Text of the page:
Publisher: BOOM! Studios (BOOM! Box imprint)
Writer(s): Tom Siddell, Jim Zub
Artist(s): Ian McGinty, Rian Sygh
Release Date: 25th February, 2015
After a strong opening issue, BOOM! Studios’ BOOM! Box imprint continues its anthology-esque series based on the popular Steve Jackson Games card game. There are just two stories in this issue as opposed to four in the first, something which allows each of the tales a little more time to develop — a wise decision, in my opinion. Once again, the first print of the issue comes with an exclusive game card to help lure in the players, but it’s definitely safe to say that this series has a far more wide-ranging appeal than simply to those of us who have played the card game previously.
The first story, Might Makes Wight (part 1), comes from the pen of Tom Siddell and introduces us to two gloriously enthusiastic Munchkins as they find themselves tackling the perils and pitfalls of the Wight Brothers Dungeon. Showing the same firm grasp of the distinctive sense of humour that goes hand-in-hand with the card game as he did in the first issue, Siddell pokes all sorts of good natured fun at gaming tropes and gamer characteristics, and manages to throw in some brilliantly pitched fourth wall breaking for good measure. Artist Ian McGinty’s work is bright, bold and satisfyingly chunky, giving the whole strip the feeling that it has been ripped directly from the artwork of the cards themselves. With several genuinely laugh out loud moments along the way, not to mention a dramatic(ish) cliffhanger, this strip manages to perfectly nail the Munchkin ‘vibe’, and should have fans of the game raising their Chainsaws of Bloody Dismemberment in delight.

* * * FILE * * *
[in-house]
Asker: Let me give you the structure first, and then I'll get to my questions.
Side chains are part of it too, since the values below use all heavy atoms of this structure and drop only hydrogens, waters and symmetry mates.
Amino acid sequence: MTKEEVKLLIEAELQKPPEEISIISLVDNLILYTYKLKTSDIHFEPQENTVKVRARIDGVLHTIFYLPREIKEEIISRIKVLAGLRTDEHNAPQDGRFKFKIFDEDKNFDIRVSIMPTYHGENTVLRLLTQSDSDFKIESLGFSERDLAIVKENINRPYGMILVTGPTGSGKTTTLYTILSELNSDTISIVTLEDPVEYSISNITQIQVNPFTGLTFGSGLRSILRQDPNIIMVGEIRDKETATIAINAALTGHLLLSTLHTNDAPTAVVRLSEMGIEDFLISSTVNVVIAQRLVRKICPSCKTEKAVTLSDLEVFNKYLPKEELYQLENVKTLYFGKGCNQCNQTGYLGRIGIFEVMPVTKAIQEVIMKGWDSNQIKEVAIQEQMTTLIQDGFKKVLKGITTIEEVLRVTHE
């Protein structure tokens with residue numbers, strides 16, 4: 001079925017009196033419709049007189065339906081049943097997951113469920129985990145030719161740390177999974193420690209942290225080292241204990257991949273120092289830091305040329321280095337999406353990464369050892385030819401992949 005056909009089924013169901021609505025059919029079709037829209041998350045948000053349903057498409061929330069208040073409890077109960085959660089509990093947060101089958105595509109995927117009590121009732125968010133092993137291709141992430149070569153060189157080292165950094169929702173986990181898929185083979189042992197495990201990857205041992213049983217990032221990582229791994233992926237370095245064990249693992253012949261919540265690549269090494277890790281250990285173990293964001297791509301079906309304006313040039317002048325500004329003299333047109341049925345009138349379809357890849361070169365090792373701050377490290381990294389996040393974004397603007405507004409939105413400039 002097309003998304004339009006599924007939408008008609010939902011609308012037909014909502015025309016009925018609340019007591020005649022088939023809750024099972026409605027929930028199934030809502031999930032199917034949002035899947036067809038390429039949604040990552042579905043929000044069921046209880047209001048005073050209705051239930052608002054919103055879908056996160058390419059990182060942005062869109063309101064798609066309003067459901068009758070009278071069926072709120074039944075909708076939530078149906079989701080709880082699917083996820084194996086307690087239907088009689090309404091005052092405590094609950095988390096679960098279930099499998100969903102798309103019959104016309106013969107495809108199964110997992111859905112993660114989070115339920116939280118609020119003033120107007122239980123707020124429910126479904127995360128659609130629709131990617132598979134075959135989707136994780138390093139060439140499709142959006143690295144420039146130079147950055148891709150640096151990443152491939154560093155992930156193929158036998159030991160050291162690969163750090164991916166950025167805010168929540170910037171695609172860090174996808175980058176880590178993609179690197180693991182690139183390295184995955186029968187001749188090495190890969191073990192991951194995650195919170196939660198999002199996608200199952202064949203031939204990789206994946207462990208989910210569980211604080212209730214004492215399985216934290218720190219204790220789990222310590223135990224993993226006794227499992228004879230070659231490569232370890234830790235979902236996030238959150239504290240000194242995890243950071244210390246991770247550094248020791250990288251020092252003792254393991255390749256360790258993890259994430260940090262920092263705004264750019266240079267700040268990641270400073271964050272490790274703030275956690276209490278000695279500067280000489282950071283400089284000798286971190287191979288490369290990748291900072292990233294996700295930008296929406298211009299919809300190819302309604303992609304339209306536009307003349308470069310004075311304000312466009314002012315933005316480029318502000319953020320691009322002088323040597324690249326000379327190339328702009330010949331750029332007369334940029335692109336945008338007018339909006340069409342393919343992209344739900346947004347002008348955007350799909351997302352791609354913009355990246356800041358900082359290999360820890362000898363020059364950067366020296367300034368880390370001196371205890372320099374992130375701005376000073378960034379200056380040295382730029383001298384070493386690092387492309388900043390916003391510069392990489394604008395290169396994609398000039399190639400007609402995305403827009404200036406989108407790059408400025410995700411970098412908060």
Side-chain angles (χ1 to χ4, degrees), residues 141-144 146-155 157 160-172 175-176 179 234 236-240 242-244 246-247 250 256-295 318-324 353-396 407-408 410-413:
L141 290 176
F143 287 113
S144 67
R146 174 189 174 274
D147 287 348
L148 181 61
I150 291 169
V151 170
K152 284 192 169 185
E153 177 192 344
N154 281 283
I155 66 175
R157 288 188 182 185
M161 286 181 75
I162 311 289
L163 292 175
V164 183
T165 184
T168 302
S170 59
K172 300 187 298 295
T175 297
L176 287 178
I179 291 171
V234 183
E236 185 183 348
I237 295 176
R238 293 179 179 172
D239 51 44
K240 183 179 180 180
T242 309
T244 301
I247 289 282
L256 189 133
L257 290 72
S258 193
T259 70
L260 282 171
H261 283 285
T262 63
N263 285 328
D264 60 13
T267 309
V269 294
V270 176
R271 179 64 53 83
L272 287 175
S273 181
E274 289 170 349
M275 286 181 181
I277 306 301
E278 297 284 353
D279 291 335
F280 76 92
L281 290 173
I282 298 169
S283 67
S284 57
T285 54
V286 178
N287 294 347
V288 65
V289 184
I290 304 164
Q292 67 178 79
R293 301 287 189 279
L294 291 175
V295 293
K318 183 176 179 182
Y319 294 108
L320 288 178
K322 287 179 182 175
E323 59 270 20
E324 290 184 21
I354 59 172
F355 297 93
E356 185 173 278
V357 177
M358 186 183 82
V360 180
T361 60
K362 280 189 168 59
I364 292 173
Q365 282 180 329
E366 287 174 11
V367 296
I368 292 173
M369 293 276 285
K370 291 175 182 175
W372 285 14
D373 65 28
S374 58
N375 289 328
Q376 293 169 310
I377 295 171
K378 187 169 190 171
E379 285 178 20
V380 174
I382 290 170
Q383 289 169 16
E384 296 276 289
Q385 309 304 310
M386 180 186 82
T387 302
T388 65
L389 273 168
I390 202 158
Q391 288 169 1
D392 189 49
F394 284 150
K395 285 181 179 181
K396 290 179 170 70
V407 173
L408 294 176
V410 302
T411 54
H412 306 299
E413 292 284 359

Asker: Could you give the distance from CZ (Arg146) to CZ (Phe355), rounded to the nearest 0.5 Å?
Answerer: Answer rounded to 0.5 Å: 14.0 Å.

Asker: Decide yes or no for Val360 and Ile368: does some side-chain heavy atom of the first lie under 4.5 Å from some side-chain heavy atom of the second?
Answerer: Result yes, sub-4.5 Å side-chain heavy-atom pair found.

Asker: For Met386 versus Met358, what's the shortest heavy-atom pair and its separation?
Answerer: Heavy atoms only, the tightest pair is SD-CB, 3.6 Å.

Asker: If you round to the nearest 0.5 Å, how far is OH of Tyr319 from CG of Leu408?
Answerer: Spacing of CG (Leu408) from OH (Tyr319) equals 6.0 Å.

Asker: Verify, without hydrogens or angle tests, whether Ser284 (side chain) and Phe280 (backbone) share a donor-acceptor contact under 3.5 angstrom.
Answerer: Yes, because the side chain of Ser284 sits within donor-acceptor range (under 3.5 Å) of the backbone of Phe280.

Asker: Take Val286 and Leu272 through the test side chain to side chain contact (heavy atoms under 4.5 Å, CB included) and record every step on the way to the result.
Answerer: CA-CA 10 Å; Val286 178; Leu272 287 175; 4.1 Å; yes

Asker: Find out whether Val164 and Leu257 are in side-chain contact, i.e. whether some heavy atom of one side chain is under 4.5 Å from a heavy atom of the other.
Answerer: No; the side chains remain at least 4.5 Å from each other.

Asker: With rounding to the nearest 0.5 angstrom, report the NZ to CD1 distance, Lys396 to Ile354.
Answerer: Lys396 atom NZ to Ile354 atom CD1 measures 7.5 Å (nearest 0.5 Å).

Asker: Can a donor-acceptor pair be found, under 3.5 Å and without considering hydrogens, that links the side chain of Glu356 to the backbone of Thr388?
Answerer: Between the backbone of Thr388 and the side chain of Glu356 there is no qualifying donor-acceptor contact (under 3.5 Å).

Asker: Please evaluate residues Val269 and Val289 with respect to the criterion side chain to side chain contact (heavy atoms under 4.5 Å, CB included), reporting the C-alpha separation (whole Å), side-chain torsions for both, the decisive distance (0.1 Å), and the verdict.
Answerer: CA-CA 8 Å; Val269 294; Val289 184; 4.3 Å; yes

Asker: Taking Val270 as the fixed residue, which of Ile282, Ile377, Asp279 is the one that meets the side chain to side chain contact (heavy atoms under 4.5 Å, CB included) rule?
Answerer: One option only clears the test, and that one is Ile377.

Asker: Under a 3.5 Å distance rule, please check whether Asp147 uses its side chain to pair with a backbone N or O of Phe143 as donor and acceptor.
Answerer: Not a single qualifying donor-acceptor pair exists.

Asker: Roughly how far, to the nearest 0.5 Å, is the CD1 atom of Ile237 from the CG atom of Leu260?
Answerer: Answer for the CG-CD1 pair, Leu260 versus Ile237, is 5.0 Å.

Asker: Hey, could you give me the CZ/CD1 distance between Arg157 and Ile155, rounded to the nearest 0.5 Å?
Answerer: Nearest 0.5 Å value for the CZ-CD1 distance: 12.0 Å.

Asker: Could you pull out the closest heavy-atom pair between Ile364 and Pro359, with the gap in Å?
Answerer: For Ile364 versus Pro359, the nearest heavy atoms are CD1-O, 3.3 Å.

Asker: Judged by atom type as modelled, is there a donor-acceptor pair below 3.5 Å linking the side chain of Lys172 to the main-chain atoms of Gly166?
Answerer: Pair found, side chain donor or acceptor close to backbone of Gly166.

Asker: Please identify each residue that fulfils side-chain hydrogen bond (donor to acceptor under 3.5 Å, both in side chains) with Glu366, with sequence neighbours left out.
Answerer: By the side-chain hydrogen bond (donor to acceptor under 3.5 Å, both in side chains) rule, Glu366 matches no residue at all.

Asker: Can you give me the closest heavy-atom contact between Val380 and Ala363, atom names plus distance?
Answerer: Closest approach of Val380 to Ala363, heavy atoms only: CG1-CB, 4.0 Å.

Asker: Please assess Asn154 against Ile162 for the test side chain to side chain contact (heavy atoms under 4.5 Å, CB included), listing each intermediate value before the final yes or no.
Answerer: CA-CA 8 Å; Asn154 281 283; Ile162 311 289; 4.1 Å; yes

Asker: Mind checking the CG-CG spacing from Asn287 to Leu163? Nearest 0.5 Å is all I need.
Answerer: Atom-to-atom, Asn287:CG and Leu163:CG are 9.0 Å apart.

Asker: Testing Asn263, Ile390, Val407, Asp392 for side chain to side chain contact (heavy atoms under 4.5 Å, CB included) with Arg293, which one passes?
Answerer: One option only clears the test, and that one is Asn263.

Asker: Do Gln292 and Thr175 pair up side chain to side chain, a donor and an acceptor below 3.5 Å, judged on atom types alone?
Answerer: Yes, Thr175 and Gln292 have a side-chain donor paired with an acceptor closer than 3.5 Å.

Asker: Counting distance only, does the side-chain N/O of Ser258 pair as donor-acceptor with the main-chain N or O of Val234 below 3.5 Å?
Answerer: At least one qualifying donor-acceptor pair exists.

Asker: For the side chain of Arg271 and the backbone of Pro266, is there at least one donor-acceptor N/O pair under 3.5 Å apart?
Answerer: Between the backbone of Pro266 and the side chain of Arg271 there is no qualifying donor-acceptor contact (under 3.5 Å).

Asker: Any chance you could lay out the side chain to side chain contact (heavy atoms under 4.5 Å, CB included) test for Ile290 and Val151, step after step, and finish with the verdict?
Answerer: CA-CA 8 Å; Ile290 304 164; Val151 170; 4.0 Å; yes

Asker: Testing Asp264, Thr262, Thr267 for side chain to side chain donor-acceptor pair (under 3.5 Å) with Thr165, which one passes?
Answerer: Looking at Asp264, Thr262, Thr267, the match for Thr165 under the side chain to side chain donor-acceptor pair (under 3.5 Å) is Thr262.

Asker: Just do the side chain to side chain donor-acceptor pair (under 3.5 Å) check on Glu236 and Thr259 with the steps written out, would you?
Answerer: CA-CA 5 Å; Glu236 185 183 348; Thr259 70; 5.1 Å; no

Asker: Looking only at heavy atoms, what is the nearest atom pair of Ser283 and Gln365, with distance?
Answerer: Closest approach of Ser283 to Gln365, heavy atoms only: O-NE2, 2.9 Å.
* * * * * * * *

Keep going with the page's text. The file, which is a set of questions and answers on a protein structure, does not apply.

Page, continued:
The second tale, the first part in a new series of MEMEs (Munchkin Education Monsters Essays) – a riff on the classic D&D “Monsters Manual” – introduces us to one of the more unusual dungeon denizens, the Floating Nose. Written by Jim Zub, the humour flows hard and fast here, with Jim seeming intent on cramming as many groan-worthy nose based puns into his limited page count as possible. Amazingly however, in spite of the near Christmas Cracker level of wit (“this blows!”, “it snot going to work” etc), the whole thing comes off as rather charming, and the prospect of a continued series of these MEMEs fills me with a great amount of excitement. Rian Sygh’s artwork is suitably cartoony and very much fitting in the Munchkin ‘house style’, with some genuinely amusing moments along the way.
Overall, with the reduction in the amount of strips giving each one more time to breathe, as well as the introduction of multi-part stories and – hopefully – a growing series of monster biographies, Munchkin has managed to overcome my only real concern following its first issue — namely, how do they sustain this as an ongoing series? The madcap humour of the card game is present throughout, but the inherent silliness and brilliant fourth-wall breaking is bound to appeal to fantasy gaming novices too. Whatever way you slice it, Munchkin is a series that will have you grinning with glee from start to finish.
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